Contemporary Verse Novels: Robert Walser’s SPEAKING TO THE ROSE and Harry Mathews’s 20 LINES A DAY

Contemporary Verse Novels continued . . .

Okay, so, this is important (and many thanks to A. D. Jameson for pointing this out in my previous post’s comments):  A book should probably not be called a Contemporary Verse Novel if it is not written in verse, which is to say, if it is neither lineated nor metered. Seems obvious, right?

 

Verse vs. Prose Poems

Well, this raises some interesting questions. First, I suppose we should talk about prose poems (which share a tricky, fine line with that so-called “flash fiction” that at one very small time in our recent history seemed to be all the rage but mostly now people just sort of are annoyed by, as they’d much rather just consider these to be stories, and not even short short stories or very short stories or sudden fictions or anything other than, simply, you know, stories. Am I wrong about this?). I should also clarify that the reason I have these more prose-oriented books on my reading list (Walser, Mathews, Boully, Saterstrom, Ruefle, the Roubauds) is because I’m very interested in hybrid genres, that this study is probably more about hybridity than anything else. But, when studying poetry, one must make arguments for reading what the establishment might consider “not poetry,” especially where credits toward degrees are concerned, yes?

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An Interview with Yuriy Tarnawsky, Part 2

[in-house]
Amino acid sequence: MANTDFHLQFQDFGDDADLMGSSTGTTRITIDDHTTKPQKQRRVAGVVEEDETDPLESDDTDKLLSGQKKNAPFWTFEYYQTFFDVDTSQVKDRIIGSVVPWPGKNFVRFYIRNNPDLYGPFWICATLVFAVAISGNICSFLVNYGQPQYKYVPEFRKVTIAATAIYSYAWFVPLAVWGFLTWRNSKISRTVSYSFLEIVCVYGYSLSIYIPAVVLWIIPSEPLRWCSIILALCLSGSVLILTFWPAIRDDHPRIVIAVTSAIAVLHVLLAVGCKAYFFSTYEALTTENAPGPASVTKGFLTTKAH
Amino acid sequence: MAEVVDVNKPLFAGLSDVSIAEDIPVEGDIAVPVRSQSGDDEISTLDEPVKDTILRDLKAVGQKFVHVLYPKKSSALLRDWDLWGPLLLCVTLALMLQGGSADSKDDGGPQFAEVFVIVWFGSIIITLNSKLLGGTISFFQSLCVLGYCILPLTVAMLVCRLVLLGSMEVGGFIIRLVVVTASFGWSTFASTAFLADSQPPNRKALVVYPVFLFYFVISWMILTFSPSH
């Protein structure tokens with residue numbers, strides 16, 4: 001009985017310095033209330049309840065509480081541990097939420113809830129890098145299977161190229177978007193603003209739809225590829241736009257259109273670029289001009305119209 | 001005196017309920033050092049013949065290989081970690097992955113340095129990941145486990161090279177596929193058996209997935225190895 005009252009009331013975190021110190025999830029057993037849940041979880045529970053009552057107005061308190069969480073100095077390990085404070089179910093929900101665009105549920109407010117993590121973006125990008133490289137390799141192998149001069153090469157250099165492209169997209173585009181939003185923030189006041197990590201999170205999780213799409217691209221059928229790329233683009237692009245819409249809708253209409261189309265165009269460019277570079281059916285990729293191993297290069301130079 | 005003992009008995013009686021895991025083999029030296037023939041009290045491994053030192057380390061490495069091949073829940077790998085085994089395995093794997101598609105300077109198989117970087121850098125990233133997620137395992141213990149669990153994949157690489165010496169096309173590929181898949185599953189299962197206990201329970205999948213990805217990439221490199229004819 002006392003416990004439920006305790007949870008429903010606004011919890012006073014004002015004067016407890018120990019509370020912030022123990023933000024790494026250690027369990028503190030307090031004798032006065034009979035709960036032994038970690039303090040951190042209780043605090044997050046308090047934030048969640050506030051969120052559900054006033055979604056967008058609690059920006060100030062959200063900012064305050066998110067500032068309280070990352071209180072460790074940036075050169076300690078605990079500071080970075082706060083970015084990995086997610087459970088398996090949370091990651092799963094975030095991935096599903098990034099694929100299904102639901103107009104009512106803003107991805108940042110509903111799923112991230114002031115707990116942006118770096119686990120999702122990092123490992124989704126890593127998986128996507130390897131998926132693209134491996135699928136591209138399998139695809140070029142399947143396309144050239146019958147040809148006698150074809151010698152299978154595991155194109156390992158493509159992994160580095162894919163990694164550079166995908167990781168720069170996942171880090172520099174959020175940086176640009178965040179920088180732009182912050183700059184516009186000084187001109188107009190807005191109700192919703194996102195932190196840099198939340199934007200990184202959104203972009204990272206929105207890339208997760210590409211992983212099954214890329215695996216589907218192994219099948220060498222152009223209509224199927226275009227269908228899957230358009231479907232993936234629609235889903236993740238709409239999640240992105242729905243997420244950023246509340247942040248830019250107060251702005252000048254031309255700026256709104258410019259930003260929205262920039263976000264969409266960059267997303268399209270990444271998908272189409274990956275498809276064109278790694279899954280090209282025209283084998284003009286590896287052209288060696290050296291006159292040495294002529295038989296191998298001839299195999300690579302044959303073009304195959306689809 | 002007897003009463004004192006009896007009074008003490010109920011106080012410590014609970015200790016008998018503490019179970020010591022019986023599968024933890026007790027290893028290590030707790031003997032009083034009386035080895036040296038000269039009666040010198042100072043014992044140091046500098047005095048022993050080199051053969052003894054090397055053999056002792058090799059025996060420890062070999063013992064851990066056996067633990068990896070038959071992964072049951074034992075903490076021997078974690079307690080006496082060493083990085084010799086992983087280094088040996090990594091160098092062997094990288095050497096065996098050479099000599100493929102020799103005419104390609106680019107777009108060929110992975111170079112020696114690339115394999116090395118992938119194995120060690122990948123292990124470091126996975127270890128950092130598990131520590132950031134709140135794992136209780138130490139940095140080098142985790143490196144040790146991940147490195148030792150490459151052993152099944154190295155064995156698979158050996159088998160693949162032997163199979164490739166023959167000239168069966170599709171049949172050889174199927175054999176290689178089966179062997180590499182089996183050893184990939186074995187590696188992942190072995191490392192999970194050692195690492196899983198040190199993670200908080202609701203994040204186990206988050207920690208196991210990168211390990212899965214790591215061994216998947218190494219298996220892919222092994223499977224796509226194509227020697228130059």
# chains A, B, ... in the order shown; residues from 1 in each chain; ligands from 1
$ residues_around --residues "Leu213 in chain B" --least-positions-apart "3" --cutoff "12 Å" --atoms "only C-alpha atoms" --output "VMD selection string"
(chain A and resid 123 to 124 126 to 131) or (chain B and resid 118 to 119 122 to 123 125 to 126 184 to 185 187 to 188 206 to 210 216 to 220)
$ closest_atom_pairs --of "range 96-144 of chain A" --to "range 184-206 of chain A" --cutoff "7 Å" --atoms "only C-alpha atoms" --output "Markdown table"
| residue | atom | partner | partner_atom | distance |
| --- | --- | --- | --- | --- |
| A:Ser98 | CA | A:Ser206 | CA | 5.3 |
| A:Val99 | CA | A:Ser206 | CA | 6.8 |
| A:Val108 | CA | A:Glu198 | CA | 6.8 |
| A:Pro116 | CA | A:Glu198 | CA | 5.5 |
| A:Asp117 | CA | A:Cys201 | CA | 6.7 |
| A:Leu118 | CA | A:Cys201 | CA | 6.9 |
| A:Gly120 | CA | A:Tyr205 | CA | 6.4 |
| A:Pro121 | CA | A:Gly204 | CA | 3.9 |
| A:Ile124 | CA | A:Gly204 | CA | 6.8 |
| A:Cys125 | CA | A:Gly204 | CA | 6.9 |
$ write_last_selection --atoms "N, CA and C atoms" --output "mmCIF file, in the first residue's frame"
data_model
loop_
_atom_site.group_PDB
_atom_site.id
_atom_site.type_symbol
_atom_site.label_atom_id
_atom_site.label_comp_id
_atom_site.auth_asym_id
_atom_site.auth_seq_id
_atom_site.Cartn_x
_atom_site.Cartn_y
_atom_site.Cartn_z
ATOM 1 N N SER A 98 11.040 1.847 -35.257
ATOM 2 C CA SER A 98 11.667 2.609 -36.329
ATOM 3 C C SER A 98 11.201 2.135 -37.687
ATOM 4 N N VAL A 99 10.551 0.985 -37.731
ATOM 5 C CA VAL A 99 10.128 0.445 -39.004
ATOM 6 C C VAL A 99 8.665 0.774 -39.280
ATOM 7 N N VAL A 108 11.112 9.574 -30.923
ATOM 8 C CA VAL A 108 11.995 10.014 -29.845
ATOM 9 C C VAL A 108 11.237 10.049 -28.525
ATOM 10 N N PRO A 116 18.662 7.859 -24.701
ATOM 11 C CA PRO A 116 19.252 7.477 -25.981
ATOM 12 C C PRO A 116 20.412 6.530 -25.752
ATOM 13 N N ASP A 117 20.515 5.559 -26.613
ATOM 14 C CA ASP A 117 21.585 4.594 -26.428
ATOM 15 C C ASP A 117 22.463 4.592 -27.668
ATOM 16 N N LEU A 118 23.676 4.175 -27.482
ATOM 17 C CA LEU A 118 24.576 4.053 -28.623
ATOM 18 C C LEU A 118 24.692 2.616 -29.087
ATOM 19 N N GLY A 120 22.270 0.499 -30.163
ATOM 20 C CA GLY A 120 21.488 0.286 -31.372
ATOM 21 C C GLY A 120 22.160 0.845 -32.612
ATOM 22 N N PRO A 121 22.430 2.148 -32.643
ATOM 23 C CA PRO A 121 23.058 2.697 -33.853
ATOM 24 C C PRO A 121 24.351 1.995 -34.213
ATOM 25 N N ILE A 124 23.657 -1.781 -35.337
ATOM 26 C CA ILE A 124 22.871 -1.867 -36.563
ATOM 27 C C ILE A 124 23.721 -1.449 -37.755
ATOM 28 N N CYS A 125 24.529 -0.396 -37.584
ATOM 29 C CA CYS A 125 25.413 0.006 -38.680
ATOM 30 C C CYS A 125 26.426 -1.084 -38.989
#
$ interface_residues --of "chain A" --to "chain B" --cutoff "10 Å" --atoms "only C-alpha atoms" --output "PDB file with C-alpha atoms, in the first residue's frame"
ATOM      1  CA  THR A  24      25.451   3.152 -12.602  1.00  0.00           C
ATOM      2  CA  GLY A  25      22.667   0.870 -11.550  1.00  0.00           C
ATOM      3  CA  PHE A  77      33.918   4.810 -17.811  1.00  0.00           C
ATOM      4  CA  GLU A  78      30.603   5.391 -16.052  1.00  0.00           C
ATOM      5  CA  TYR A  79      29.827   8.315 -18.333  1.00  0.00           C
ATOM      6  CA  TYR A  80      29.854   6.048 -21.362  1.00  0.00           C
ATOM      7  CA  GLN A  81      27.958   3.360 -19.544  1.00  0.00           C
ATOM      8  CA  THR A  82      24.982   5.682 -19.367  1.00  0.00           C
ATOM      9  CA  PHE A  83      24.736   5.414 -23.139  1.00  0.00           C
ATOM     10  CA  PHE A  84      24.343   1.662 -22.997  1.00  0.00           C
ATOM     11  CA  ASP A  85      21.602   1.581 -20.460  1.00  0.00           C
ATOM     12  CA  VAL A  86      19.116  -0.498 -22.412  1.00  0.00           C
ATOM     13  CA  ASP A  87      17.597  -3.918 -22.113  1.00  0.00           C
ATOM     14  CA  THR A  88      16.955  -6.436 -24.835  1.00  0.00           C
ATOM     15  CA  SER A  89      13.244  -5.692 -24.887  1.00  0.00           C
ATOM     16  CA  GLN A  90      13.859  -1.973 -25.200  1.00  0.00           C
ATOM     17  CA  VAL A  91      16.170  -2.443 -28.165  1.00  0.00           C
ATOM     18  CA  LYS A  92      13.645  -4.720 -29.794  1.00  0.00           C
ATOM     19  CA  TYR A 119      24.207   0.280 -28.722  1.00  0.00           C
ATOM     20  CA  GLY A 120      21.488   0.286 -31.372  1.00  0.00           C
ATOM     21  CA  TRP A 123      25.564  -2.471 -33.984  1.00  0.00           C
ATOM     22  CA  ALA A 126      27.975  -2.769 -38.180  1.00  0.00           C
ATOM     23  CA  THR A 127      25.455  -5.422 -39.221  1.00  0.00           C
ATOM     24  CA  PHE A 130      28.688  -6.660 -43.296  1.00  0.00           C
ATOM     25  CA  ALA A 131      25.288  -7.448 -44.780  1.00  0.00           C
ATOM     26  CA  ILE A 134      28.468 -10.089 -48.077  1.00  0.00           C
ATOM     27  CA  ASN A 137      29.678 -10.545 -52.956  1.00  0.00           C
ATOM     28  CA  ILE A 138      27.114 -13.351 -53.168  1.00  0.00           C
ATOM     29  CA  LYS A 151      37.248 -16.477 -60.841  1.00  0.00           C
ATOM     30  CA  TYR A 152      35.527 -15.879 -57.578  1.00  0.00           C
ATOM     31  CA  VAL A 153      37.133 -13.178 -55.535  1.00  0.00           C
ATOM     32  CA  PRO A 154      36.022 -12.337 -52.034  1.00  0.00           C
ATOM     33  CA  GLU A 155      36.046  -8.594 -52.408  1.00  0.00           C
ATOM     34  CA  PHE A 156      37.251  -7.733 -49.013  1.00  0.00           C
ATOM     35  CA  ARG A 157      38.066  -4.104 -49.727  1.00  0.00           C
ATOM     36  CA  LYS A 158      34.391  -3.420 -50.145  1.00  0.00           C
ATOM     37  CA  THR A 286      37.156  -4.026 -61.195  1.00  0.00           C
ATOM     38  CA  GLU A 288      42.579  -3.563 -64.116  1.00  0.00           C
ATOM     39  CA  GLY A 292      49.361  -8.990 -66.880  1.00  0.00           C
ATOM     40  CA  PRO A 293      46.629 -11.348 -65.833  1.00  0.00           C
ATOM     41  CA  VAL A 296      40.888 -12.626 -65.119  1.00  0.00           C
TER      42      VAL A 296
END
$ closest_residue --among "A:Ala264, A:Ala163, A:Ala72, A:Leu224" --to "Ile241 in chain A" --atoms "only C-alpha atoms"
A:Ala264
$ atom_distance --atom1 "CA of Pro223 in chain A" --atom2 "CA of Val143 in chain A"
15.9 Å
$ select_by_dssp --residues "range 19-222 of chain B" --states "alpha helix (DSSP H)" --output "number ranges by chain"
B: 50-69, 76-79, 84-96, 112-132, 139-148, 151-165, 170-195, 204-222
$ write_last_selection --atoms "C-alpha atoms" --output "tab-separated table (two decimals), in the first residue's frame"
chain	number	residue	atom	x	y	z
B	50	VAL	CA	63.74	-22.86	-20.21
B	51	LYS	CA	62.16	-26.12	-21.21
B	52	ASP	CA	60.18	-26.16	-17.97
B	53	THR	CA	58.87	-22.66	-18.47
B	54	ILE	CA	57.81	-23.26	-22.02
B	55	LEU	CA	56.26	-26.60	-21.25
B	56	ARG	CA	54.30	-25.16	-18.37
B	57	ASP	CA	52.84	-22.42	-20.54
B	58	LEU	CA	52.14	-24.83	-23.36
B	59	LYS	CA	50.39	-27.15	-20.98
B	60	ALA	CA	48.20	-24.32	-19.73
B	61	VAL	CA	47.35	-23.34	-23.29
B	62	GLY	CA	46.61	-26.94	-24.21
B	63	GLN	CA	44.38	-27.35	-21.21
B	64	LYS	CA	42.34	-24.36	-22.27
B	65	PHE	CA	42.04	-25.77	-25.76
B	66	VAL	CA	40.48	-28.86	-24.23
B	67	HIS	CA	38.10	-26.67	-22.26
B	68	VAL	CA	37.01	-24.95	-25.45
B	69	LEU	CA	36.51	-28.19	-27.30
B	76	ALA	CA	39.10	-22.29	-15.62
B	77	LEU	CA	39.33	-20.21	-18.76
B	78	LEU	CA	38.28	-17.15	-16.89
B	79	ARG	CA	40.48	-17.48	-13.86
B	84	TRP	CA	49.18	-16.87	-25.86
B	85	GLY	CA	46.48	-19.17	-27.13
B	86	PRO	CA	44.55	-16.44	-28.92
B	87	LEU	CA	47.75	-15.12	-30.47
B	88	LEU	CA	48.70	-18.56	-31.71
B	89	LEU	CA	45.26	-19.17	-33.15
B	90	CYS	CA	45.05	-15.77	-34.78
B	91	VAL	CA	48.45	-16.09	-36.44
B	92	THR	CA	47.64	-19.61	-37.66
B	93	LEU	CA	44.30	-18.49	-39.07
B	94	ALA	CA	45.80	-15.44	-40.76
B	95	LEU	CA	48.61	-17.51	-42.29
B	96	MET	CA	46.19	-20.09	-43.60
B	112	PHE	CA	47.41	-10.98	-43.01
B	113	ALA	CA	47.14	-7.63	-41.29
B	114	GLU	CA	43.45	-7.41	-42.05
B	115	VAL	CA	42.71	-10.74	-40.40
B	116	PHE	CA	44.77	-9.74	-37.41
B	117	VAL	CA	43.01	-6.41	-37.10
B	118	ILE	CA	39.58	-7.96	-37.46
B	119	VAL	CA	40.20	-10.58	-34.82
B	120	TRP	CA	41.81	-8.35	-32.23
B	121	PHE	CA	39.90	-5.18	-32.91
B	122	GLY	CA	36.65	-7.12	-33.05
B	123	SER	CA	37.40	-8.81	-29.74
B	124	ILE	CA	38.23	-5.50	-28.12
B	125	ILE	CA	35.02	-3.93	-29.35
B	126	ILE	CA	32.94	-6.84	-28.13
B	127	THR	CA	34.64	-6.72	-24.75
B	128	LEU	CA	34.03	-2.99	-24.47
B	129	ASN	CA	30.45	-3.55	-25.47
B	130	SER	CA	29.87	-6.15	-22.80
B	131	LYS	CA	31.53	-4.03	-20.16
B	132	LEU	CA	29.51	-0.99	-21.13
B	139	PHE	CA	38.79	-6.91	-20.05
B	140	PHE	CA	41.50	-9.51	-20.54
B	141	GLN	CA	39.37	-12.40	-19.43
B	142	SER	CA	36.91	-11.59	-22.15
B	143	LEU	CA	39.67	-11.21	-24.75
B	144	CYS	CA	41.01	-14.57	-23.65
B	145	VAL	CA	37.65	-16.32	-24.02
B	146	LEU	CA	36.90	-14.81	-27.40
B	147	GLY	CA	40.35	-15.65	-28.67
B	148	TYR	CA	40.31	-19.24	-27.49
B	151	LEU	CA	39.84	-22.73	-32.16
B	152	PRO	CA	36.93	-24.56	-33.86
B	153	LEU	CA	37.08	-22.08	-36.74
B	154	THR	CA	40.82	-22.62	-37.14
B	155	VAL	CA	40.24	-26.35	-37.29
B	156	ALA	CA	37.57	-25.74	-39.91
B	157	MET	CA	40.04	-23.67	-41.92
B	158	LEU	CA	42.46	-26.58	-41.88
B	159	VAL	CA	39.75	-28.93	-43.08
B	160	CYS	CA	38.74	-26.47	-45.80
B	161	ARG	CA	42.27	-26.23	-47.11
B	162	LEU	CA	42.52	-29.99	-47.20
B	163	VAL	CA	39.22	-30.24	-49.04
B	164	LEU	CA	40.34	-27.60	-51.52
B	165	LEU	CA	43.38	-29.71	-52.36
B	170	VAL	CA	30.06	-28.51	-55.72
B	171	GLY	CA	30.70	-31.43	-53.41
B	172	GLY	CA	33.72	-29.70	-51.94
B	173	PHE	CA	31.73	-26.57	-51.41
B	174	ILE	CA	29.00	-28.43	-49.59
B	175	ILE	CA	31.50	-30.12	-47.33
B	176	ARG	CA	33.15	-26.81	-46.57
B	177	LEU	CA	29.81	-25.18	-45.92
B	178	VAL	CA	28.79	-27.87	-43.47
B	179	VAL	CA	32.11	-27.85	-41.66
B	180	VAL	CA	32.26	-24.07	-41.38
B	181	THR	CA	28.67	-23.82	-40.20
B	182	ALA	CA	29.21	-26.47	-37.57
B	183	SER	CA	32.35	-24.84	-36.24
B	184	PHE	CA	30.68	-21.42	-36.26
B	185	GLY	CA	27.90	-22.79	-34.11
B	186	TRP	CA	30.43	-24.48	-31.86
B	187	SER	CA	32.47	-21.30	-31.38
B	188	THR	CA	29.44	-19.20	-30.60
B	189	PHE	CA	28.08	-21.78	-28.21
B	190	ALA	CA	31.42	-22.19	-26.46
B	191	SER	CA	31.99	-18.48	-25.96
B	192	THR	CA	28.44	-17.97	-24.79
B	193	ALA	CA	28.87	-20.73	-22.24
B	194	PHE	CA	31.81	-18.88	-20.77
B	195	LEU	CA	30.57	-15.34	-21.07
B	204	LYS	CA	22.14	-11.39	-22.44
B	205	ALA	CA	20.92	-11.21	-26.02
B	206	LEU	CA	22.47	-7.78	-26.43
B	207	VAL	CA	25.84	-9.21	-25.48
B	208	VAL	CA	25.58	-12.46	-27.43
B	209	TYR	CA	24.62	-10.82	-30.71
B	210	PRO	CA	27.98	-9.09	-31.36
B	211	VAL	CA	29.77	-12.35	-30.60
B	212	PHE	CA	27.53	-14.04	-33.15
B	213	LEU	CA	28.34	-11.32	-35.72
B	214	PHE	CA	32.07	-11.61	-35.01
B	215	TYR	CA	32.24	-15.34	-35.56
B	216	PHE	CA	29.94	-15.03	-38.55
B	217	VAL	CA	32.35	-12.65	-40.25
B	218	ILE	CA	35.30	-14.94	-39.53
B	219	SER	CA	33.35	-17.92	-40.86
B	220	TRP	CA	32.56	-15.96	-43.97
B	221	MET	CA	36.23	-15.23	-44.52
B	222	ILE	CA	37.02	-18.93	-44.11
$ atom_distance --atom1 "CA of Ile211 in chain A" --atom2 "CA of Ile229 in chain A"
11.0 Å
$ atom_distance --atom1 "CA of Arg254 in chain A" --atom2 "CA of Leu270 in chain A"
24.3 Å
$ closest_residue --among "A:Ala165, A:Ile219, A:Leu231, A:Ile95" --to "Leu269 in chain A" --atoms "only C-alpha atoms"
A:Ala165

Yuriy in La Sainte Chapelle, Paris, c. 1968.

Part 1

Let’s back up a bit. When did you move to the US?

I came to this country in 1952, having left Germany at age 17. My 18th birthday I celebrated on the boat a week before landing in New York. I had just graduated from High School. This was in February, and in the fall I enrolled at Newark College of Engineering (now New Jersey Institute of Technology) in the BS program in the department of Electrical Engineering. I didn’t feel I had any other choice. Having spent my formative years in post-WWII Germany, I saw of how little use was liberal arts education during times of crisis so, like most of my Ukrainian friends, I decided to study engineering. Being “technical” was the answer. This kind of thinking permeated the whole Ukrainian immigrant community. New Jersey had a lot of recent Ukrainian immigrants at that time; I believe that about 10% of the students at the college were Ukrainian. (Both my brother and stepbrother later followed in my footsteps.)

I had no particular interest in engineering as such (I hated to tinker around with things and never put together a radio as some of my friends did), but loved math, so I chose Electrical Engineering, which was the most theoretical of the engineering disciplines. I took lots of math and physics, and actually enjoyed the technical subjects more than the less technical ones, such as economics, “principles of engineering,” and even English. I preferred dealing with clear-cut issues. But there was another reason I went in for engineering. While in High School, I avidly read Dostoyevsky, and one of my favorite characters of his was the nihilist Kirilov from The Possessed, which I mentioned earlier. He, as you may recall, was an engineer. I fancied myself similar to Kirilov in many ways and like him wanted to be an engineer.

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